Copenhagen School

The Copenhagen School of security studies is an academic school that employs a critical approach to security studies. It is part of the postpositivist movement in the field of international relations (IR), which became a salient part of post–Cold War scholarship. IR theorist Barry Buzan’s 1983 book People, States, and Fear: The National Security Problem in International Relations forms the bedrock of the school’s academic thought. Ole Wæver and Jaap de Wilde are two well-known scholars connected with the school. At the core of the school is the way in which many different types of security issues interact with domestic politics. Drawing on the ideas of the ontology of constructivism within the field of IR, the Copenhagen School looks at threats to states (i.e., national security) as matters that are socially constructed. The term Copenhagen School was first used by Professor Bill McSweeeny, an expert in peace studies at the University of Dublin and one of the Copenhagen School’s principal critics.

Securitization is a seminal feature of the Copenhagen School, whereby actors turn regular issues of domestic level politics into issues of high politics that affect states on a national level (i.e., when something becomes an issue of national security). Security as a socially constructed phenomenon is highly subjective. This view held by the Copenhagen School is a guiding aspect of its view on security and security-related issues. The securitization process comprises three distinct phases:

  1. The creation of an existential threat (i.e., an issue or event such as climate change) before a referent object (i.e., a state or group of states) (this phase is called the “speech act”).
  2. The commencement of special/emergency/extraordinary actions in an attempt to secure and protect the referent object against the existential threat.
  3. The receiving of the speech act by one or more audiences.

One of the major problems associated with this process, particularly the third phase, is the lack of control that a securitizing actor ultimately has over the way in which the audience receives and subsequently processes or interprets the speech.

Proponents of the Copenhagen School speak of the issues of security in terms of different facets of contemporary international politics and societies. These facets can be taken as different areas or fields, such as the state and society, the state and the military, levels of politics and, the field of economics and its impact on other areas, as well as the environment and the many changes within it and how it affects people and states. As such, the Copenhagen School (through security studies theory) addresses a truly wide spectrum of issues and events that affect the world today and people living within it. The depth of analysis within each field can be significant and is therefore able to engage with and “widen” the materialist security studies practiced more traditionally. This capacity to examine and analyze objects and events within the international system by means of various sectors represents one of the main pillars of the Copenhagen School.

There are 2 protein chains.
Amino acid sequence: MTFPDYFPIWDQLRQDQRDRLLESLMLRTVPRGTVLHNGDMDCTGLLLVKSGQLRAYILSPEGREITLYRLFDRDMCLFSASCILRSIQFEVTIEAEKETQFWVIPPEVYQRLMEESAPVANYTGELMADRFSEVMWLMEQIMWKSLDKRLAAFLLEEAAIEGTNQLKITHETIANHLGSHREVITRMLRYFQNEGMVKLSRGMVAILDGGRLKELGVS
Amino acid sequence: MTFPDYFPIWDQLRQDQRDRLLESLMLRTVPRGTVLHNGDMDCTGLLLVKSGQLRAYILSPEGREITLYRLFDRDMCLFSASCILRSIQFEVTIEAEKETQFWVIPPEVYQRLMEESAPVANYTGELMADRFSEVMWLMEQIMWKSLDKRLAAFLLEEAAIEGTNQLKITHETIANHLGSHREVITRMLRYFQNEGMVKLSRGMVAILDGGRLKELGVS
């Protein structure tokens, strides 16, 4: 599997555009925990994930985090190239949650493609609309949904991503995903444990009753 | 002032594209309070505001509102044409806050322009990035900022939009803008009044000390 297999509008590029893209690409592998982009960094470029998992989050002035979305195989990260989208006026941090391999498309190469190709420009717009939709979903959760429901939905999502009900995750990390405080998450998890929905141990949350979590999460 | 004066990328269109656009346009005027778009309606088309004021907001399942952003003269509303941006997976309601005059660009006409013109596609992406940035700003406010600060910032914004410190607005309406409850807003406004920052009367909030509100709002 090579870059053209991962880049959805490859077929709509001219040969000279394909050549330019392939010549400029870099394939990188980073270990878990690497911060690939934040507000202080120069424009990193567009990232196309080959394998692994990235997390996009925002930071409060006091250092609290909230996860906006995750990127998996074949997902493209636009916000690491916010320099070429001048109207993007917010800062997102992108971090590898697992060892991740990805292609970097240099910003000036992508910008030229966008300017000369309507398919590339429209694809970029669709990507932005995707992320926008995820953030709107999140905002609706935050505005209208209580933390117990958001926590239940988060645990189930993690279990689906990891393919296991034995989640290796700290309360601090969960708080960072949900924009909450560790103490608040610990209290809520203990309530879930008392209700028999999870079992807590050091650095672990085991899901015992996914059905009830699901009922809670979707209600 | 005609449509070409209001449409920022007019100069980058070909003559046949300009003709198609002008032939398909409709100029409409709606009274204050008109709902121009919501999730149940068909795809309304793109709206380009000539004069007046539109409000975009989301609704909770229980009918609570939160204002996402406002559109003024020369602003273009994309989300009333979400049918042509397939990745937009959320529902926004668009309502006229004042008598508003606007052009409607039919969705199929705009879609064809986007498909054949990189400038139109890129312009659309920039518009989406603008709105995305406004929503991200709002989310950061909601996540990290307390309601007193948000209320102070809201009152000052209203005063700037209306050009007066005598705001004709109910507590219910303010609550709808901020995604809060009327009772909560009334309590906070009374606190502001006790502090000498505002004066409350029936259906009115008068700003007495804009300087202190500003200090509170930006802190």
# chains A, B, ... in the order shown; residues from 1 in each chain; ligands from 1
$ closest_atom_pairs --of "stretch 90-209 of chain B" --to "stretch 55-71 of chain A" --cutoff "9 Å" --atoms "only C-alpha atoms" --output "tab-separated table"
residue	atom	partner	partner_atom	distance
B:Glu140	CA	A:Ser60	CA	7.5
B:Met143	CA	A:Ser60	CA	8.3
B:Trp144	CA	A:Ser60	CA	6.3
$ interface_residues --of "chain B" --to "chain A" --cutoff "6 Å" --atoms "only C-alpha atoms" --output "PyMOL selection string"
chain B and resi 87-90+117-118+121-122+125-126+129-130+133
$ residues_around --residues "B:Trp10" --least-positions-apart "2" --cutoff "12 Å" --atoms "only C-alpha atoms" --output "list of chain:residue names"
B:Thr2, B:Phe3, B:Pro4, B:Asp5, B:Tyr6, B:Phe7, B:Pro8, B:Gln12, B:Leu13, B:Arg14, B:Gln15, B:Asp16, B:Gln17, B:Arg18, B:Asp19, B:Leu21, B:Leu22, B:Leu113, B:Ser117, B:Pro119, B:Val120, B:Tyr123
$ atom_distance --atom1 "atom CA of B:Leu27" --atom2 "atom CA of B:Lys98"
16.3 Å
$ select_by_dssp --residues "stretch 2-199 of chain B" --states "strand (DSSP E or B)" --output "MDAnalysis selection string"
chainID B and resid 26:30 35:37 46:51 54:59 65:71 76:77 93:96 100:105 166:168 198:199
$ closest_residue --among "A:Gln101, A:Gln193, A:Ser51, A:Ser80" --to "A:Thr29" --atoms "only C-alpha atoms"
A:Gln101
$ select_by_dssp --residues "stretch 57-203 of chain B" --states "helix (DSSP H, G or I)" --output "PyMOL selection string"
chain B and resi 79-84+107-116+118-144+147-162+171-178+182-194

One of the major problems of security concerns is that what is considered a threat in one country may not necessarily be considered a threat in another country. Different states are faced, in many cases, with their own unique set of issues that cannot easily be translated from one state to another or from one region to another. Thus, regional security complex theory, a theory of regional security attached to the Copenhagen School (put forward by the school’s primary scholars), is used to approach the “clustering” of security in different geographical locales. The North Atlantic Treaty Organization and the South East Asia Treaty Organization constitute two examples of regional security arrangements formed as a result of patterns of cooperation and discord or hostility securitization and de-securitization processes.

The Copenhagen School has attracted much criticism from scholars of other IR theoretical areas. For example, some claim that it has taken far too strong a European perspective on issues related to security. Furthermore, the claim is often made that the school fails to conceptualize and problematize critical terms within the field. It might be beneficial if it, as Filip Ejdus (2009)—editor of the journal Western Balkans Security Observer—points out, “would devote itself more to the theorization of the term ‘political’ and take a clearer and better articulated normative stand in relation to the dichotomy political-security” (p. 1). Finally, a leading IR scholar, Lene Hansen, in her article “The Little Mermaid’s Silent Security Dilemma and the Absence of Gender in the Copenhagen School,” published in 2000 in Millennium, has argued that the Copenhagen School fails to adequately include gender in its security scholarship.

Scott Nicholas Romaniuk

See also Constructivism ; Critical Security Studies ; National Security ; Politics ; Securitization

Further Readings

Butler, Judith. Excitable Speech: A Politics of the Performative. London, England: Routledge, 1997.

Buzan, Barry. People, States, and Fear: The National Security Problem in International Relations. Hemel Hempstead, NY: Harvester Wheatsheaf, 1983.

Ejdus, Filip. “Editor’s Word.” Western Balkans Security Observer, v.4/13 (2009).

Huysmans, Jef. The Politics of Insecurity: Fear, Migration and Asylum in the EU. London, England: Routledge, 2006.

Knudsen, Olav F. “Post Copenhagen Security Studies: Desecuritizing Securitization.” Security Dialogue, v.32/3 (2001).

Wæver, Ole. “Securitization and Desecuritization.” In Ronnie D. Lipschutz (ed.), On Security. New York, NY: Columbia University Press, 1995.

Williams, Paul. “Critical Security Studies.” In Alex J. Bellamy (ed.), International Society and Its Critics. Oxford, England: Oxford University Press, 2004.